Former West Bengal chief minister and veteran CPI(M) leader Buddhadeb Bhattacharjee offered a penetrating insight into the Left’s big worry this election season in the 5 May issue of Ganashakti. He warned people against supporting the BJP just to get back at the ruling TMC.
“Is it a good idea to jump from the TMC frying pan into the BJP fire,” he asked.
Although he did not make any direct reference to the CPI(M) supporters, the underlying message was hard to miss.
The apprehension that the Left supporters might be backing the BJP to help corner Mamata Banerjee-led TMC, and that the BJP’s possible electoral gains would severely dent Left’s presence in Bengal, made the veteran Communist leader ring the alarm bells.
Political experts believe that the erosion in the Left’s vote bank, which started in 2009, would gain further momentum in 2019. And this time around, the BJP is set to be the biggest beneficiary of the Left’s slide in Bengal.
BJP fills the vacuum
In West Bengal, the big Lok Sabha battle is between the Trinamool Congress (TMC) and the Bharatiya Janata Party (BJP), with both the Left and the Congress being relegated to the fringe.
But how did the BJP rise to the position of the challenger? There is more than one reason for that.
It can be argued that where the Left has failed to represent people’s causes and take up their struggles, the BJP has come forward to fill the vacuum.
Last year, in Birbhum, CPI(M) district secretary Manasa Hansda gave a call for a protest march against the atrocities of the musclemen aligned with the ruling party. Almost immediately, Birbhum district president of the TMC, Anubrata Mondal, issued a warning against the protest march. The CPI(M) hastily called off the march.
The BJP local unit stepped in and said it would take out a protest march on the same day and at the same time, and dared the TMC strongman to stop it.
The BJP held the protest march, with no disruptions from the TMC local cadre. A CPI(M) supporter in Birbhum later lamented that those who were ready to join the CPI(M)’s march were later seen participating in the BJP’s rally. And, this is not an isolated incident.
Not voicing people’s concerns
The CPI(M) and its allies, after they were ousted from power in 2011, have made little effort to retain the principal opposition’s space.
It is true that Mamata Banerjee government’s welfare initiatives like Kanyashree, Sabuj Sathi, and cheap ration, coupled with construction of universities and hospitals in rural Bengal and new roads in several districts, made her immensely popular.
But at the same time, people also had to suffer the growing menace of extortion by musclemen and the high-handedness of local leaders.
The growing discontent and anger among the jobless poor in rural and urban areas of Bengal could not find a voice due to the shrinking opposition space.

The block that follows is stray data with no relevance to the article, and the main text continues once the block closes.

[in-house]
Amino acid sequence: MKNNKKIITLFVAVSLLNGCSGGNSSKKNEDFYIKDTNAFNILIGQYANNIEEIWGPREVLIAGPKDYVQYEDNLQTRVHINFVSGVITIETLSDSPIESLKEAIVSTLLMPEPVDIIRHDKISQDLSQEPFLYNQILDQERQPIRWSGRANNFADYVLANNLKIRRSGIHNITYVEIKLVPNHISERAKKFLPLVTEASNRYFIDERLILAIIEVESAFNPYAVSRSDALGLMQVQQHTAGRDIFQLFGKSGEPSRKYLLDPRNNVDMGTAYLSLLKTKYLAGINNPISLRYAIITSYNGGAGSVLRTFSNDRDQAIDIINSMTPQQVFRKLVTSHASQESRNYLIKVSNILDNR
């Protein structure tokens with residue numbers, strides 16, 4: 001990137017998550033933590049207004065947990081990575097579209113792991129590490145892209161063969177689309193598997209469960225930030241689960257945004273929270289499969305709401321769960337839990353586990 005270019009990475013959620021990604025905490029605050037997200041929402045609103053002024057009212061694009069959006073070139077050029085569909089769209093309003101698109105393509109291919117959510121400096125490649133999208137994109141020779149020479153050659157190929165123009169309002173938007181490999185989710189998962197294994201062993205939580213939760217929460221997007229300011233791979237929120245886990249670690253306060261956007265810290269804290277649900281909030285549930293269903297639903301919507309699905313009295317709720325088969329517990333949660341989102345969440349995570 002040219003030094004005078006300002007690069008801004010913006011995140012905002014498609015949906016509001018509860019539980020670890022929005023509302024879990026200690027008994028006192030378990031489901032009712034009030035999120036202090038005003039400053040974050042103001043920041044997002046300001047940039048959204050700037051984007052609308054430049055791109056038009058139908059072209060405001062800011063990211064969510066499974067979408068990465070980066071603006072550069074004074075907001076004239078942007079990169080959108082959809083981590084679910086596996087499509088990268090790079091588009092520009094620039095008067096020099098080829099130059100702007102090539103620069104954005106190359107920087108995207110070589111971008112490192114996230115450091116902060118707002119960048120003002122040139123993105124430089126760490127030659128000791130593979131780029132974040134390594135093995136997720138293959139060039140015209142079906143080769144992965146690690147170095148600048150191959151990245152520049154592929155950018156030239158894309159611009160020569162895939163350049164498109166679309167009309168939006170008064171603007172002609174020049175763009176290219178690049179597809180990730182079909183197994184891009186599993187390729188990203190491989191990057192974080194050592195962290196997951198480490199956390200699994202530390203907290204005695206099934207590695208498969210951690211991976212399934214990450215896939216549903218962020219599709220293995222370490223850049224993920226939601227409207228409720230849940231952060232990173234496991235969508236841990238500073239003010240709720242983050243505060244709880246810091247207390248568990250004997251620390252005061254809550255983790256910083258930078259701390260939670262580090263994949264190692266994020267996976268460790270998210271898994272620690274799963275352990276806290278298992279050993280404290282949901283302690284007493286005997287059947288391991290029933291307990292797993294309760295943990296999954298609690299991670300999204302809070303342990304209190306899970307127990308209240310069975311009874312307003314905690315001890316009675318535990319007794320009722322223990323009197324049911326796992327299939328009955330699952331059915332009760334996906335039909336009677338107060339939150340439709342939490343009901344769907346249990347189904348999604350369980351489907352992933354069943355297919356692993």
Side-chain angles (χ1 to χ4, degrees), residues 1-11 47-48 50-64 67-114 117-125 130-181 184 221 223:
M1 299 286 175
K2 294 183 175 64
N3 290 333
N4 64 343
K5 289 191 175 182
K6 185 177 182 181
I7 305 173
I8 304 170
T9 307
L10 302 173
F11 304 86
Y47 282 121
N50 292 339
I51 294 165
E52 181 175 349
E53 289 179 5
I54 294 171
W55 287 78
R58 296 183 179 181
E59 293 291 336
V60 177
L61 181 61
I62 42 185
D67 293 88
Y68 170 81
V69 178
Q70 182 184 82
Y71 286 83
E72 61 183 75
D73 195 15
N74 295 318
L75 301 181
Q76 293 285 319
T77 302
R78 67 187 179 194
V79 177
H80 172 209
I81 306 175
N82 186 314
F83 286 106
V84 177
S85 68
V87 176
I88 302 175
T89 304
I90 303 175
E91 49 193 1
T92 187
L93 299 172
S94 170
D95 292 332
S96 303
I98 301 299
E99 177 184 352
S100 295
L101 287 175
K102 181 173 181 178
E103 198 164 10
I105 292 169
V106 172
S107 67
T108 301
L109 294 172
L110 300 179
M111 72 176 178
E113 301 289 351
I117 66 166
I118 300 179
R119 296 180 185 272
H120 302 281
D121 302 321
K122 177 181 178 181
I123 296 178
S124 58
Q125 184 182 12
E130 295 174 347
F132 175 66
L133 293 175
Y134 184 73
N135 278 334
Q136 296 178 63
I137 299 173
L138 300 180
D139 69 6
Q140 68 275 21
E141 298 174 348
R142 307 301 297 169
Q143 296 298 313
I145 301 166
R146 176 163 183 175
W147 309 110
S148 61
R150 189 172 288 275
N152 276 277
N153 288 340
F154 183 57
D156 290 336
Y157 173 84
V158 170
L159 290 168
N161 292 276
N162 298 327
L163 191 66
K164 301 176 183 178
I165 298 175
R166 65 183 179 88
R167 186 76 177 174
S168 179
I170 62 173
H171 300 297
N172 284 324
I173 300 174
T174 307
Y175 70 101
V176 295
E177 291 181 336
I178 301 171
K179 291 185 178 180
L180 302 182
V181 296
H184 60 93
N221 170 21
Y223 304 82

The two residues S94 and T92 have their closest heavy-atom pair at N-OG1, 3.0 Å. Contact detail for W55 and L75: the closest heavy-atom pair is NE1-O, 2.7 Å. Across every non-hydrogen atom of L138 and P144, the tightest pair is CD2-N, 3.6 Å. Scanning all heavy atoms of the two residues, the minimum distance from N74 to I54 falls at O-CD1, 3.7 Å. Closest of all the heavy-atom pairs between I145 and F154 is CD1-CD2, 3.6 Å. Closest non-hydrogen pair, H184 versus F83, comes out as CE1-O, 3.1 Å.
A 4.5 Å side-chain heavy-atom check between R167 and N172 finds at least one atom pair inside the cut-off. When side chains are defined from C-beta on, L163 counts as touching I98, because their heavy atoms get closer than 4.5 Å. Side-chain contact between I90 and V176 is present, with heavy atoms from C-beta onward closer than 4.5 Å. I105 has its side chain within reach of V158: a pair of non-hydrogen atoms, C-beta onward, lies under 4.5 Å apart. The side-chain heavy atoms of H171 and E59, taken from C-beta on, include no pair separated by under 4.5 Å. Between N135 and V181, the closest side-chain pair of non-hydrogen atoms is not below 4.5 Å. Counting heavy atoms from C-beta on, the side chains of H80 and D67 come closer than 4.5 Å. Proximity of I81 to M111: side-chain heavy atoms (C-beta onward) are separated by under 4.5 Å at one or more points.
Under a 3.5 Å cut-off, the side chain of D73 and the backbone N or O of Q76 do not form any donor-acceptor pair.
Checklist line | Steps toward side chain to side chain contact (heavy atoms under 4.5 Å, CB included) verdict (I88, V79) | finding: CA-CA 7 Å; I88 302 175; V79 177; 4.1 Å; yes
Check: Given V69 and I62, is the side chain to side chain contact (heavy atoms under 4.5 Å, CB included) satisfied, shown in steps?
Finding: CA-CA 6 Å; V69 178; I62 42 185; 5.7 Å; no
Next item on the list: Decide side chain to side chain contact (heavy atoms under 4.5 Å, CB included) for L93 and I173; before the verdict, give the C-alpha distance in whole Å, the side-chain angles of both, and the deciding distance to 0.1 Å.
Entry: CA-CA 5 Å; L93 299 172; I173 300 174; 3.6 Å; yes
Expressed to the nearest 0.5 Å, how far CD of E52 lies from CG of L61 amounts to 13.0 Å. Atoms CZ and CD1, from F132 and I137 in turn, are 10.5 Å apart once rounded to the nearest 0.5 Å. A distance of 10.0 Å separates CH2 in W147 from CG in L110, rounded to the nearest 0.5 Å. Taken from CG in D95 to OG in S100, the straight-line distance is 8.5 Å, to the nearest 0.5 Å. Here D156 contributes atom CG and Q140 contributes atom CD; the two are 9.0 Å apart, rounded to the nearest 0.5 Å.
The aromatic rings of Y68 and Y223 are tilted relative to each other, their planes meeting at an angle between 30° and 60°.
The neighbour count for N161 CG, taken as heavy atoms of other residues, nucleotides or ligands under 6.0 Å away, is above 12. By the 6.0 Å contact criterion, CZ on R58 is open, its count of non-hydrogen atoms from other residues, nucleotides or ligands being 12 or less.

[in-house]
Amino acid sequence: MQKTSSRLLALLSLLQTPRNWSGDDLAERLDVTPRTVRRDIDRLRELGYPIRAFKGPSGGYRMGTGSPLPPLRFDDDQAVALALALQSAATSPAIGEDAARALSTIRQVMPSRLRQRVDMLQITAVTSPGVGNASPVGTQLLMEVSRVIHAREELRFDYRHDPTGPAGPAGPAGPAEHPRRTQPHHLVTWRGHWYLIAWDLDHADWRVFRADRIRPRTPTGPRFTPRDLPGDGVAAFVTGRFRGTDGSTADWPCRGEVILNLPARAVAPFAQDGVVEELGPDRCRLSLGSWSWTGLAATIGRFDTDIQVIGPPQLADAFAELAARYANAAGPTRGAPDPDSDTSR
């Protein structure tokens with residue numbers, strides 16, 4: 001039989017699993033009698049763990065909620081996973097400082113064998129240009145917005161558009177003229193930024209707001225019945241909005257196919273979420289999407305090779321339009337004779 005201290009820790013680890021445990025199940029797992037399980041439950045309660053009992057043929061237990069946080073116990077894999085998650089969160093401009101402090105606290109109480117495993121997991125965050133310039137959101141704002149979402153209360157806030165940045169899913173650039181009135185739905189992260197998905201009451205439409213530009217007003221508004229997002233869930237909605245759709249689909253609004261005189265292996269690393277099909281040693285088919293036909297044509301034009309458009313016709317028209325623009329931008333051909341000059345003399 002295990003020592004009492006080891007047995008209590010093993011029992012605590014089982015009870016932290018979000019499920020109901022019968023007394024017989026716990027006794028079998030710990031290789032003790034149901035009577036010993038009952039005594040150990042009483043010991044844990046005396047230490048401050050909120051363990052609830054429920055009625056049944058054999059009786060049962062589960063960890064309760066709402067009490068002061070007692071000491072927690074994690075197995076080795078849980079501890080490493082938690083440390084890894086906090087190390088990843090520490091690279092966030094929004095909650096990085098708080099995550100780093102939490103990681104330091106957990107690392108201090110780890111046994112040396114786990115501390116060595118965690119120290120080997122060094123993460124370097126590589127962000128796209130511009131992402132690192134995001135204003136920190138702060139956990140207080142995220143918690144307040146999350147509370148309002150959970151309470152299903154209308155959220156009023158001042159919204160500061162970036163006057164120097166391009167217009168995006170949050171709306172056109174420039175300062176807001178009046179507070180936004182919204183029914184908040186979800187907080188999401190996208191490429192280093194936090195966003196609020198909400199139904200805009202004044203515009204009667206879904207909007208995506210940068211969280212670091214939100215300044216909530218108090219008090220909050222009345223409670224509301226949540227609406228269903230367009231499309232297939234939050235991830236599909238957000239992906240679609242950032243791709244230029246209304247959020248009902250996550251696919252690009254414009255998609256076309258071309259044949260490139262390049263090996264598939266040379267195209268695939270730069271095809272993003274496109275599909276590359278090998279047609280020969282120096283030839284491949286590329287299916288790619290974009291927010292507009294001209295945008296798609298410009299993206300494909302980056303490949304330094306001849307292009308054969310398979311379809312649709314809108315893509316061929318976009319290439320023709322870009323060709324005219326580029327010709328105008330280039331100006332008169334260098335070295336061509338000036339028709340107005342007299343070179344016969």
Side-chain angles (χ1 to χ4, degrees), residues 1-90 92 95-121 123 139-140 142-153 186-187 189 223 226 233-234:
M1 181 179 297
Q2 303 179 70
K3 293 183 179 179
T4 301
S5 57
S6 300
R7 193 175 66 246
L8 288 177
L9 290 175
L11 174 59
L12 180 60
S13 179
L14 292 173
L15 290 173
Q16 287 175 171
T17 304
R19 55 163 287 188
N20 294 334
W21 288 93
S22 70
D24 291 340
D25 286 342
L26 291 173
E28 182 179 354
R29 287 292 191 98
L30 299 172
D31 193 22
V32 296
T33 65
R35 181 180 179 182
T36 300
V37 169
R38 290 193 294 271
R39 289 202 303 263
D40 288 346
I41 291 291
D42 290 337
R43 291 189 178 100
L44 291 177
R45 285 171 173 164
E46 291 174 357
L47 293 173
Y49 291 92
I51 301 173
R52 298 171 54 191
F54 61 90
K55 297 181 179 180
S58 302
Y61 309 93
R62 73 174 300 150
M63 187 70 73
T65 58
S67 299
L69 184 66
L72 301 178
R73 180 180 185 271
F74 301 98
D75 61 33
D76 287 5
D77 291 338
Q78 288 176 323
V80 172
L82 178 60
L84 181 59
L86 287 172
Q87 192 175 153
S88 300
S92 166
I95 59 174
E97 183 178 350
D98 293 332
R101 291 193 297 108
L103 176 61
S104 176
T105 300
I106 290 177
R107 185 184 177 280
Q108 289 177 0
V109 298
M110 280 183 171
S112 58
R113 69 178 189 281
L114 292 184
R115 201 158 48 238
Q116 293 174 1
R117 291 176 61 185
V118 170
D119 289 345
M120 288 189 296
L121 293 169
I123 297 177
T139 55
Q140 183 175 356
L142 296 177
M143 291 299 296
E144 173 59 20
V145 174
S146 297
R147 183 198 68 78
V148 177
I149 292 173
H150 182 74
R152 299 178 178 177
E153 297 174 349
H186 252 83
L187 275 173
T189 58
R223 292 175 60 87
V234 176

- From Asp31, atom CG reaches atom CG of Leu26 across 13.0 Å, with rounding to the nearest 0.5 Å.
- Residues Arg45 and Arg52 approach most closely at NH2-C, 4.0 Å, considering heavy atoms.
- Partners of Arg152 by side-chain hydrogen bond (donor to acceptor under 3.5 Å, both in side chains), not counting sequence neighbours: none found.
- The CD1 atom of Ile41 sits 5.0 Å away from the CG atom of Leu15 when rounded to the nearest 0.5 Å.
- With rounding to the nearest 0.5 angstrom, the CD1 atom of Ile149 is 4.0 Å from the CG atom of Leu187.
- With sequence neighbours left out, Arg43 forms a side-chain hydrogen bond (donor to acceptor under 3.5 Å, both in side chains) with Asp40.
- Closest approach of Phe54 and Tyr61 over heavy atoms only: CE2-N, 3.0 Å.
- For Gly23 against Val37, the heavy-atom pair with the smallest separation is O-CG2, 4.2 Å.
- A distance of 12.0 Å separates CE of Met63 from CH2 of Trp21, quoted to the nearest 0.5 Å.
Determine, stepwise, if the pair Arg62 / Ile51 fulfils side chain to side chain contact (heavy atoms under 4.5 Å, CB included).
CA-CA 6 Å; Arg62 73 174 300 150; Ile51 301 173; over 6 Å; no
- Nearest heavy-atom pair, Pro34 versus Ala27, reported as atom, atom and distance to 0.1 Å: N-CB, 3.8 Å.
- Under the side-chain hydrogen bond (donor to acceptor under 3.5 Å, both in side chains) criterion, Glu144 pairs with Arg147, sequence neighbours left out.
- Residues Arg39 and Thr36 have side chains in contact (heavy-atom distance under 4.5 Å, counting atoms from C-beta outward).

When chit fund companies related to Saradha and Rose Valley groups went bust, millions of people, mostly poor, were badly hit. But the Left, barring a rally or two, was not seen much on the streets participating in public protests against the chit fund scams.
Similarly, on the issues of crisis in agriculture, growing unemployment and prevailing lawlessness, the Left protests were perfunctory.
Such is people’s disconnect with the Left that they don’t know that along with the Congress, it recently made attempts to move a no-trust motion in the assembly to highlight the ruling party’s failures.
According to Congress legislator Abdul Mannan, these motions were accepted in the house for debate, but the business advisory committee, which allocates time for the debate, scrapped them in violation of parliamentary practices.
No fire in the belly?
Perhaps, it is not out of place here to contrast the Left’s current state of inertia with the historic rise of the Communist movement in Bengal.
In 1962, after the China-India border war, the Communists, because of their ambivalent position on that issue, became unpopular. Most of the senior leaders were imprisoned and the party was pushed to the margins in the face of rising xenophobia.
Yet, in 1966, the Communists were at the forefront of the violent food movement that dealt a crushing blow to then-Congress regime in Bengal. As a result, the first United Front government led by the Communists came to power in 1967.
Perhaps, after being in power for straight 34 years, from 1977 to 2011, the Left in Bengal no longer has that fire in its belly.
The BJP Bengal unit, with active encouragement and support from the central leadership, has steadily started filling the void.
The tribal and other marginalised communities, who were traditionally associated with the Left for years in rural areas, initially switched over to the ruling TMC. After they realised that they were not given a fair deal by the TMC regime, they started joining the BJP.
Even a section of the Muslim community, that was traditionally with the ‘secular’ parties (be it the Congress, the Left or the TMC), has now started supporting the BJP in Birbhum. They see the BJP as a party that can protect them from the local musclemen, who are believed to be close to the leaders of the ruling TMC.
On the eve of the Lok Sabha elections, the Left gave a call to defeat both the BJP and the TMC, but no one took it seriously.
Because over the last few years, the Left has failed to mobilise its supporters at the grassroots. Its inability to form an alliance with other ‘secular’ forces in Bengal has reduced its slogan to a mere wish.
In the absence of a strong opposition, people are likely to channelise their disenchantment with the ruling TMC by supporting the other alternative – the BJP.
Former Bengal CM Buddhadeb Bhattacharjee’s frantic appeal against voting for the BJP shows that it’s a do-or-die moment for the Left in Bengal.
The author is a journalist and political analyst. Views are personal.
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